ORTEGA et al.
COFFEY et al.
BARNES, P. J., MCMILLIAN and REESE, JJ.
BARNES, PRESIDING JUDGE.
the death of her husband and injury of her minor son in a
vehicle accident, Mary Ortega, as surviving spouse and
administrator of the estate of Armando Ortega and the parent
and guardian of Armando Ortega, Jr., filed a complaint for
damages against Okefenokee Emergency Medical Services, Inc.,
d/b/a Atkinson County Emergency Medical Service
("Okefenokee EMS"), Atkinson County,  and David Coffey,
the Atkinson County Road Superintendent, in his individual
capacity. Ortega claimed that Okefenokee EMS had failed to
properly and timely address the injuries to her husband and
son, and that Coffey had failed to inspect and maintain the
roadway which caused her husband's death and son's
injuries. Okefenokee EMS and Coffey filed motions for summary
judgment, which the trial court granted upon concluding that
both defendants were immune from liability. Ortega appeals
from those orders and contends that Coffey was not entitled
to official immunity because he was negligent in the
performance of his ministerial duties. She also contends that
Okefenokee EMS was not entitled to statutory immunity because
her claims were brought for its failure to render emergency
services rather than for its rendition of emergency services,
and because any services that were rendered were for
remuneration. Upon our review, we affirm the trial
court's grant of summary judgment to Coffey, but reverse
the grant of summary judgment to Okefenokee EMS.
first note that Ortega's brief fails to comply with our
rules in that significant portions of the factual premises in
her appellate brief are not supported by the record other
than to an all-inclusive 100-page record citation,
specifically "R: 57-162." She cites critical facts,
including quotes from various deposition testimony, but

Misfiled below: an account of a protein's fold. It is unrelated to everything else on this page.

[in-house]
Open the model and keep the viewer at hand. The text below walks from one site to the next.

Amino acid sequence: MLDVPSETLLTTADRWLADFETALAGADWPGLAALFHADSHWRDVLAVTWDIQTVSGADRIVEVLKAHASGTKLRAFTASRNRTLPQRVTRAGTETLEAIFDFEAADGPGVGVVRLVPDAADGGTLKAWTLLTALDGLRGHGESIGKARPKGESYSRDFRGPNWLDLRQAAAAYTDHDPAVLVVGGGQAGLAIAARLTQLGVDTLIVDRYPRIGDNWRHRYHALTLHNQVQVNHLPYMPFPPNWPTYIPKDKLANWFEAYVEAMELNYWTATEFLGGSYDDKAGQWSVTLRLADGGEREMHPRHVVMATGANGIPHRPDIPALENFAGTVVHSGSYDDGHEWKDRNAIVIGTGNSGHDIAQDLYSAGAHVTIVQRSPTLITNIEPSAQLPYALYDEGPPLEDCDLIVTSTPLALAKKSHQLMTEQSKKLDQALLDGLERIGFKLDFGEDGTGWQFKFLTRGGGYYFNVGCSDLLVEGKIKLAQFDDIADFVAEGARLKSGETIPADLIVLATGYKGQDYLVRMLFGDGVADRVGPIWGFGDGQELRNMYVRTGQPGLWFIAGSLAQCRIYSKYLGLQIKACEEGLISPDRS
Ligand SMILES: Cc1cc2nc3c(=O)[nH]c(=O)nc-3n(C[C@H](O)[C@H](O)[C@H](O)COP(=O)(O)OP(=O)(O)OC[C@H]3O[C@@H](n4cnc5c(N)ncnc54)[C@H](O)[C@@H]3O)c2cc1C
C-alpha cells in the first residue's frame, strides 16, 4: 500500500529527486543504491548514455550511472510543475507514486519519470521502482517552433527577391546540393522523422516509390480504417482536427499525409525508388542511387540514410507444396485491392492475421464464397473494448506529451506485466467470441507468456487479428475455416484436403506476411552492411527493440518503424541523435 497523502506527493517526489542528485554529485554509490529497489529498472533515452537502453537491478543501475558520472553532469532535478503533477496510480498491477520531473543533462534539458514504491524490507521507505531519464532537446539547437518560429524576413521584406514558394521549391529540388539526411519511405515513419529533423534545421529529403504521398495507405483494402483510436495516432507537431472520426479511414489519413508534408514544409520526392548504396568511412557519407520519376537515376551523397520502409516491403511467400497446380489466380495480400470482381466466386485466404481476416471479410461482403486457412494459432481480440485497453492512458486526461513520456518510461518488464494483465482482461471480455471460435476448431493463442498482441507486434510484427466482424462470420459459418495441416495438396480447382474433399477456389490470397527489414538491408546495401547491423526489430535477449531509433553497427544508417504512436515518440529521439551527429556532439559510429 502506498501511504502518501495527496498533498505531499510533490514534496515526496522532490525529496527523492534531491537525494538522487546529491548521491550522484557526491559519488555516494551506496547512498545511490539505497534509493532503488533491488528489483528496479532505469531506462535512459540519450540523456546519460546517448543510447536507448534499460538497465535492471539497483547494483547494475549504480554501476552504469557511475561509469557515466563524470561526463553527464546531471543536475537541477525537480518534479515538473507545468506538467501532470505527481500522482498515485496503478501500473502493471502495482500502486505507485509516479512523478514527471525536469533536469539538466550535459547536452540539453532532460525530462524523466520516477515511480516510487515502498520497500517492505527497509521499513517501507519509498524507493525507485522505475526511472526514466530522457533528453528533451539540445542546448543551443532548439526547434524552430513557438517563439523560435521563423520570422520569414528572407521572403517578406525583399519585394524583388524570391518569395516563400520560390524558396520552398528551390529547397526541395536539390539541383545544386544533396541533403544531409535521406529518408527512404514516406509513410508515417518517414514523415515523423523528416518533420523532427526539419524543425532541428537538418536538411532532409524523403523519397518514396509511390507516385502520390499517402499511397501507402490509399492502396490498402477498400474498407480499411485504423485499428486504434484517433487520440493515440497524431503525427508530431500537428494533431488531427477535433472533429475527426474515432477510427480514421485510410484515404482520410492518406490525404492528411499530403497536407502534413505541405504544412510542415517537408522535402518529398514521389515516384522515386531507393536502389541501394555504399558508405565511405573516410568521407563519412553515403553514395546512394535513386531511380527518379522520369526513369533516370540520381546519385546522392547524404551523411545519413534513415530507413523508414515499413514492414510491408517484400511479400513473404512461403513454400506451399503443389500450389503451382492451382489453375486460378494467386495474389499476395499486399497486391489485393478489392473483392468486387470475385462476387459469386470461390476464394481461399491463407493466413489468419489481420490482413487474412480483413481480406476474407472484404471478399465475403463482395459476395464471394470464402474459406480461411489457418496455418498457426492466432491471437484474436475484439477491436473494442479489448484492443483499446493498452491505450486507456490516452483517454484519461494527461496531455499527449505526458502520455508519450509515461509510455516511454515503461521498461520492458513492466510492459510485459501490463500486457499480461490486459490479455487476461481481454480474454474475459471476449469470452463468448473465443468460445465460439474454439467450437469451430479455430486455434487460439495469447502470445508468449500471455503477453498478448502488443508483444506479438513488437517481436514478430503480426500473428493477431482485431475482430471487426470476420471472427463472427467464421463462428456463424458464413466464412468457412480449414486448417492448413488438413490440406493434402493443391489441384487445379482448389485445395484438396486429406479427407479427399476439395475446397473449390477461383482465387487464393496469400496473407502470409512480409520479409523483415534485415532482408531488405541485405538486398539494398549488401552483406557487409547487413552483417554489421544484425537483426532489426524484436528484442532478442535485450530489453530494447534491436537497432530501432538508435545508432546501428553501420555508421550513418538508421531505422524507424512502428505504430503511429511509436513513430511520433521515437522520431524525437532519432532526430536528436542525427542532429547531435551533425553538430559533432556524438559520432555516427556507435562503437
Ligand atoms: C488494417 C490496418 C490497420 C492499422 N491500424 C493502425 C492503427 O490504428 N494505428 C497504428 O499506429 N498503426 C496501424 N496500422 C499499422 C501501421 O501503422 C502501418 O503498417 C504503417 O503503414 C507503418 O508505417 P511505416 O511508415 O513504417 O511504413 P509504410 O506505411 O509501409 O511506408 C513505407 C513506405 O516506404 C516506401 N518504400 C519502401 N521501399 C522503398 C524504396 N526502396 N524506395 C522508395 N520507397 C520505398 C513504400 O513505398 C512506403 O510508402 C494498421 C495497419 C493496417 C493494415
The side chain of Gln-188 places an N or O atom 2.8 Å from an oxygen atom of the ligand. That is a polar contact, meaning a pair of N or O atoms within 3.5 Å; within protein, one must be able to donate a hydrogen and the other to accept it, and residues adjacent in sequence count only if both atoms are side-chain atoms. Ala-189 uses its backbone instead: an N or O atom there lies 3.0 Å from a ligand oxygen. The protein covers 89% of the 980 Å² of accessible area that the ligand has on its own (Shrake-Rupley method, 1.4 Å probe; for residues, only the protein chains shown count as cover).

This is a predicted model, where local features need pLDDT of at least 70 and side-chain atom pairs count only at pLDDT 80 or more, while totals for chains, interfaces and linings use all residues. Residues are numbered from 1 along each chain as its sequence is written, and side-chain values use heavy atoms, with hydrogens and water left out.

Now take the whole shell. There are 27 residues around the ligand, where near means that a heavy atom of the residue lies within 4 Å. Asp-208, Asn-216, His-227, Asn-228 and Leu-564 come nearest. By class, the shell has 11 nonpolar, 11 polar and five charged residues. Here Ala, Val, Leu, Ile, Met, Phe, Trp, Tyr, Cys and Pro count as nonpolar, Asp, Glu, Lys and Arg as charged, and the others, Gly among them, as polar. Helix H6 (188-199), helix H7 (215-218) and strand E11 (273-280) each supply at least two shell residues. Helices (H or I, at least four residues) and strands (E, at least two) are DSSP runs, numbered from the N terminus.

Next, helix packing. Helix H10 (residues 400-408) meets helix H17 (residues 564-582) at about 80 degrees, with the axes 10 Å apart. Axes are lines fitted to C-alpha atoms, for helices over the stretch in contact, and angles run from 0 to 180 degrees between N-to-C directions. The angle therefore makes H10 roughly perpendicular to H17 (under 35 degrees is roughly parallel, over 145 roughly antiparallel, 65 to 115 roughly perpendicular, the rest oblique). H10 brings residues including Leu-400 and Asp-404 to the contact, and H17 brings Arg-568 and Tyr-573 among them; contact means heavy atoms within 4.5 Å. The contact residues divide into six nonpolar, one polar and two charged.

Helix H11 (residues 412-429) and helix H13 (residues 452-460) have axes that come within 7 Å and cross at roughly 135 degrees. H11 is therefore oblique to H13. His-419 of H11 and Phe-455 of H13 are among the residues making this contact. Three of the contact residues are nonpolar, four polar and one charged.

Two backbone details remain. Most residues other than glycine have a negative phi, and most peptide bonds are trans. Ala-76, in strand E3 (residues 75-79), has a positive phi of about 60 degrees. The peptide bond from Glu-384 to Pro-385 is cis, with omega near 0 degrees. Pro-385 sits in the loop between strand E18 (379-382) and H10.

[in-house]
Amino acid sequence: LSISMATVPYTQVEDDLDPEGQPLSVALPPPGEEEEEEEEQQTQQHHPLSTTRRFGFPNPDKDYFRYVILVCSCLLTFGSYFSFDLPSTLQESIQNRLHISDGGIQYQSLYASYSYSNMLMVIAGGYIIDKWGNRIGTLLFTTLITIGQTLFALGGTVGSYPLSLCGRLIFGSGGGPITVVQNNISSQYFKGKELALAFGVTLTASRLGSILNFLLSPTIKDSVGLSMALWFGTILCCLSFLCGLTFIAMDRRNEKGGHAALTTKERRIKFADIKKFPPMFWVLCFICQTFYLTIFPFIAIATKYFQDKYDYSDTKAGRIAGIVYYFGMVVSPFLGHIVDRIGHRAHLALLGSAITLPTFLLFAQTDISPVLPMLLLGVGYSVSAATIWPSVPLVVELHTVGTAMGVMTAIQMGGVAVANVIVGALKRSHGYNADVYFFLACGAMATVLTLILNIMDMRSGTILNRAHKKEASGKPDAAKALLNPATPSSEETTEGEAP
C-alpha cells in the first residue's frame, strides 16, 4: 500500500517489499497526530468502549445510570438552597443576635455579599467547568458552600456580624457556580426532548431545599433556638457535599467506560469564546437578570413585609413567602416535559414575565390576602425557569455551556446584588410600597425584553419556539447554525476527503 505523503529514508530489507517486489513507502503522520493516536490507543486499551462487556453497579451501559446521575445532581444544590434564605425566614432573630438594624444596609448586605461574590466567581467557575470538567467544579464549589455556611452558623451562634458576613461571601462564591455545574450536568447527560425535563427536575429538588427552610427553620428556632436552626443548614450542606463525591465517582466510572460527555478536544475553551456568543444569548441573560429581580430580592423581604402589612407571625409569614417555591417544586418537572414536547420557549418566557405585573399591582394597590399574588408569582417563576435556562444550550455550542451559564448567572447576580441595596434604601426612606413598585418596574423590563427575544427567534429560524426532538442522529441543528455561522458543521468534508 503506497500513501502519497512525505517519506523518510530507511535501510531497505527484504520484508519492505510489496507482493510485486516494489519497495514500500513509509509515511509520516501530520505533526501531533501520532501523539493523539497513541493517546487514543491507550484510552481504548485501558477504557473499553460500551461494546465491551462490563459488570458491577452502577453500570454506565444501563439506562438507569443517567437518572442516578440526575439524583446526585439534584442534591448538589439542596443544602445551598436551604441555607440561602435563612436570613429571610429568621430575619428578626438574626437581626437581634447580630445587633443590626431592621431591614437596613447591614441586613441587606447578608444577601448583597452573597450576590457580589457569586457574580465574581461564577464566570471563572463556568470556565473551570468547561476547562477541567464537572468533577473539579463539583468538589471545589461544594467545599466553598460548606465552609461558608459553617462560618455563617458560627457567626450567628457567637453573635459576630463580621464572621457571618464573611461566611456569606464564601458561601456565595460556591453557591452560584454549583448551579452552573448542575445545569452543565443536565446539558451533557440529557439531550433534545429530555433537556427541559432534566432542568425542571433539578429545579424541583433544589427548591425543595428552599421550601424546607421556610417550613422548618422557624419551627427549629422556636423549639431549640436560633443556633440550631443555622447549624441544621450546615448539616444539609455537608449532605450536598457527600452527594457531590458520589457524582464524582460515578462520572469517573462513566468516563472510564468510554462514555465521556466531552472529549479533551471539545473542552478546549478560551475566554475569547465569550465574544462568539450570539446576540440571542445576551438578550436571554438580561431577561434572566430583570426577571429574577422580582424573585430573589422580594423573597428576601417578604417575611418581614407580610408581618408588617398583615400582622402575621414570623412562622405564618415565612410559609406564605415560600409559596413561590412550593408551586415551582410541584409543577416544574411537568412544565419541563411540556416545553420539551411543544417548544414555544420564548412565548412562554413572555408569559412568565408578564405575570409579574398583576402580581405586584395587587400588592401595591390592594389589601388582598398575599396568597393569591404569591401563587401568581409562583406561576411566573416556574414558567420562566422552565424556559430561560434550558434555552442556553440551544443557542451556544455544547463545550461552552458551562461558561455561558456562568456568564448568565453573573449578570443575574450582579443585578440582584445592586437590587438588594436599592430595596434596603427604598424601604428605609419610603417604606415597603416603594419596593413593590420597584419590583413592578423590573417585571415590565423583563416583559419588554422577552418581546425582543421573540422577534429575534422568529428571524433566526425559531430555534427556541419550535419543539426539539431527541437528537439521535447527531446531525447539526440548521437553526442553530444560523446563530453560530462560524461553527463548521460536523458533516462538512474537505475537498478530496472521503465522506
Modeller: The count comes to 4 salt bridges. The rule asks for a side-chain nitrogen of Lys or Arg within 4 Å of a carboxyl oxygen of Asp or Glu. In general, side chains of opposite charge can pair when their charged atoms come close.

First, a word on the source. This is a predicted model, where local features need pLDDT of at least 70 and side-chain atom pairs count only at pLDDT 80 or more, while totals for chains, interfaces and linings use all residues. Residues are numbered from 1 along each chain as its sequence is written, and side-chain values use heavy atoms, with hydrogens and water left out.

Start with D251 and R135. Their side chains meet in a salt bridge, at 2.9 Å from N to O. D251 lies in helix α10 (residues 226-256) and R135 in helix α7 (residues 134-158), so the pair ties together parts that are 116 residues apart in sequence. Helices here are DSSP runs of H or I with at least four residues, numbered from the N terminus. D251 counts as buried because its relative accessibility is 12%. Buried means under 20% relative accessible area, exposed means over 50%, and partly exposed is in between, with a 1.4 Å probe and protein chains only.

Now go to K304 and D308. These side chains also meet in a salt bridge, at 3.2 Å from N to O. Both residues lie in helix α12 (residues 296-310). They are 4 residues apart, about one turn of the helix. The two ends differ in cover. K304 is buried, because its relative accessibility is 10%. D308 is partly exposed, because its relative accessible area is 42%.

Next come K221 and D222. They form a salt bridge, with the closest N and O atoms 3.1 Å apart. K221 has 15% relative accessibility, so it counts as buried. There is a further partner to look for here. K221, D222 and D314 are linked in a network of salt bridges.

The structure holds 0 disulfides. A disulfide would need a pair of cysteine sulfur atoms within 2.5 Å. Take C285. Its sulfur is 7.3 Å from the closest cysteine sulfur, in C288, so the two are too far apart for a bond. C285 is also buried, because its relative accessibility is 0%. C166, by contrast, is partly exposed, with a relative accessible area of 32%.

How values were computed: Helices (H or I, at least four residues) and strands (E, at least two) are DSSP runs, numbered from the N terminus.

rather than provide specific citations to the record, she
either broadly cites "R: 57-162" or
"Id." This Court is not charged with
culling the record on behalf of a party. Hicks v.
State, 337 Ga.App. 567, 569 (1) (788 S.E.2d 502) (2016).
See Court of Appeals Rule 25 (c) (2). Thus, "[i[f we
have omitted any fact or failed to locate relevant evidence,
the responsibility lies with counsel." In the
Interest of C. T., 286 Ga. App, 186, 186 (1) (648 S.E.2d
2. As to Ortega's substantive claims,
[s]ummary judgment is proper if the pleadings, depositions,
answers to interrogatories, and admissions on file, together
with the affidavits, if any, show that there is no genuine
issue as to any material fact and that the moving party is
entitled to a judgment as a matter of law. Summary judgments
enjoy no presumption of correctness on appeal, and an
appellate court must satisfy itself de novo that the
requirements of OCGA § 9-11-56 (c) have been met. In our
de novo review of the grant of a motion for summary judgment,
we must view the evidence, and all reasonable inferences
drawn therefrom, in the light most favorable to the
(Citations and punctuation omitted.) Ga. Farm Bureau Mut.
Ins. Co. v. Claxton, 345 Ga.App. 539, 539 (812 S.E.2d
167) (2018). See OCGA § 9-11-56 (c).
viewed, the evidence demonstrates that on February 22, 2015,
Ortega's husband was driving his Dodge Ram truck on
Harvey Newbern Road in Atkinson County. Ortega's
twelve-year-old son was also in the truck. As the two
traveled down Newbern Road, the husband hit a hole in the
road, and "almost lost control" of his truck, but
he was able to regain control of the truck until he hit a
second hole in the road and "lost control and . . . hit
[a] tree." The police were already on the scene when
Okefenokee EMS responded to the accident, and the fire
department was either on the scene or arrived shortly
thereafter. One of the emergency medical technicians
("EMT") approached the seriously injured husband
who was trapped on the driver's side of the truck, and
another attended to the son who was seated on the passenger
side. According to the son, an EMT asked him whether he was
okay, and the son asked the EMT to check on his unconscious